Effective ART allows HIV to remain suppressed in blood and tissues without replicating to high levels. However, this effective treatment does not result in curing the disease because HIV can avoid these drugs and the immune system’s natural response by remaining latent in a small number of long lived immune cells. This small amount of HIV that persists in people taking ART is called the HIV reservoir.
While individuals with ART-suppressed HIV have a negligible risk of transmitting the virus and are less likely to experience most symptoms and complications, the level of HIV in their blood—known as viral load—will rebound to harmful levels if they stop ART because of the viral reservoir. Many people on ART with undetectable viral loads live full, healthy lives and do not risk transmitting the virus to others, but maintaining this status requires regular treatment. A cure that brings on sustained viral remission would allow a person with HIV to maintain an undetectable viral load without regular treatment. A person with sustained viral remission would be functionally cured of HIV; he or she would still be infected with a very low level of virus, but would be able to live his or her life with negligible risk of spreading HIV and without the need to take medication daily. Though many challenges still exist, both treatment and cure research are working toward this goal.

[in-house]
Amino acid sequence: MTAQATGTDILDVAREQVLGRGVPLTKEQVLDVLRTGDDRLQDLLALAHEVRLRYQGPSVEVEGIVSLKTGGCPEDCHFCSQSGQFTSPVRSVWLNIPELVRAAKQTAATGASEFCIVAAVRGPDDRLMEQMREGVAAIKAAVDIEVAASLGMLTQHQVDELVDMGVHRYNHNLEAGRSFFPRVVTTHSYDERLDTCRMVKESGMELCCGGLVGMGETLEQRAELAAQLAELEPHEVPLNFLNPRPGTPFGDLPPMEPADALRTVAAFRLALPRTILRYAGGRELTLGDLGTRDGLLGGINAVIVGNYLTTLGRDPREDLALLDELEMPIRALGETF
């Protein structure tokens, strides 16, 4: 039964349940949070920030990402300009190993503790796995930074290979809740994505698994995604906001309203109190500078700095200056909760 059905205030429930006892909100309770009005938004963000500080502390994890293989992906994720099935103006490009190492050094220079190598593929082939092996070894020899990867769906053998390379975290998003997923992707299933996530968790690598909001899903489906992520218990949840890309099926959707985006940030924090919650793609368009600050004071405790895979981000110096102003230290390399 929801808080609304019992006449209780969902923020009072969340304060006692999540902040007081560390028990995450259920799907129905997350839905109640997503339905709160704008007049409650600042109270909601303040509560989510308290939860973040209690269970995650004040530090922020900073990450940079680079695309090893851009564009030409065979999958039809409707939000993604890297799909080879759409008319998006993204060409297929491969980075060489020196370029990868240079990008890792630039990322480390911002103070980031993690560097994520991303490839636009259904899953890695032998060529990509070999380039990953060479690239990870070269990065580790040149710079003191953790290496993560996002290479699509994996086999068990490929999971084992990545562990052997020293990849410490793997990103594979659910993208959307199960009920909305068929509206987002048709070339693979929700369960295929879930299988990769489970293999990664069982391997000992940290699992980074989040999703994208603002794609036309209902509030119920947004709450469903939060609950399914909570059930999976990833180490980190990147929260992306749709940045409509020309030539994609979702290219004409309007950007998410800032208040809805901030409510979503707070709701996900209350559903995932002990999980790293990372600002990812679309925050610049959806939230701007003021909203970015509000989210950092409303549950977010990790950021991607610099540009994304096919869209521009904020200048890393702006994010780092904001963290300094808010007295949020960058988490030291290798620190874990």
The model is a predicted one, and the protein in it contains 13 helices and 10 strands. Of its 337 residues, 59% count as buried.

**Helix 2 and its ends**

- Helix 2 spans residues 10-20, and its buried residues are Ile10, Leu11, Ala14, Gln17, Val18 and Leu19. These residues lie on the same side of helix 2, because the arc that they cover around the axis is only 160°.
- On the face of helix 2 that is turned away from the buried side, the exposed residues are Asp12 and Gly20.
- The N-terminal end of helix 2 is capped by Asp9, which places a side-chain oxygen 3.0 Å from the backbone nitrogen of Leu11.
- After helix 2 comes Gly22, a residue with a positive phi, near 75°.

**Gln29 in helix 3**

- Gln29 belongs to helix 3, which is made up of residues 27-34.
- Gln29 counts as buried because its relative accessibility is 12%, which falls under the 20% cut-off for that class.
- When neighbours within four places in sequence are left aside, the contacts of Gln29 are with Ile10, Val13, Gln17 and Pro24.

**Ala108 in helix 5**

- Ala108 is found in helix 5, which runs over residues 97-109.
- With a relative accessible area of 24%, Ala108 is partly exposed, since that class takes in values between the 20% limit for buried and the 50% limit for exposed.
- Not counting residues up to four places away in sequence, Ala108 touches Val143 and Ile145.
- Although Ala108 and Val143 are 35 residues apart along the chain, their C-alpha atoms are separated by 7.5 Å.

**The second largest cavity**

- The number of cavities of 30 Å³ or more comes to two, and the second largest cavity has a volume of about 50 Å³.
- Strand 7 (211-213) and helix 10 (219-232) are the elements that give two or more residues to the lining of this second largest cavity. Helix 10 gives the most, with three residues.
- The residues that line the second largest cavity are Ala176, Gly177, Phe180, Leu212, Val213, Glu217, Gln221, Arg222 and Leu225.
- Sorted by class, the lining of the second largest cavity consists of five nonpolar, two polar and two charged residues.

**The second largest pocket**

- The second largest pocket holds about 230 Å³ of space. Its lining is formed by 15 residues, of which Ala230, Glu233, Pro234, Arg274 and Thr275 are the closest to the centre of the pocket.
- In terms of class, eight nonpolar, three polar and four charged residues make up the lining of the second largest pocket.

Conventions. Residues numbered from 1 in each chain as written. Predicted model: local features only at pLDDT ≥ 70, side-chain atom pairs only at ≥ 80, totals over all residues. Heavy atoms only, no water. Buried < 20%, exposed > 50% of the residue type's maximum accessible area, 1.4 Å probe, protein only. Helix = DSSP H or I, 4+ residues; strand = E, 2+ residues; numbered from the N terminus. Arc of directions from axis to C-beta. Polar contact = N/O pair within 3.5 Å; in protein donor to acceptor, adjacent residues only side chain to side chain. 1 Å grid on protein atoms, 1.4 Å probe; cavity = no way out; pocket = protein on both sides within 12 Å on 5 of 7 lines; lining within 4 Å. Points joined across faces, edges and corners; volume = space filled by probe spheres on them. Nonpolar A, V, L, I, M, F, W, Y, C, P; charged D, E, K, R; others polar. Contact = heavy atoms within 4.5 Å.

Optimizing HIV Therapy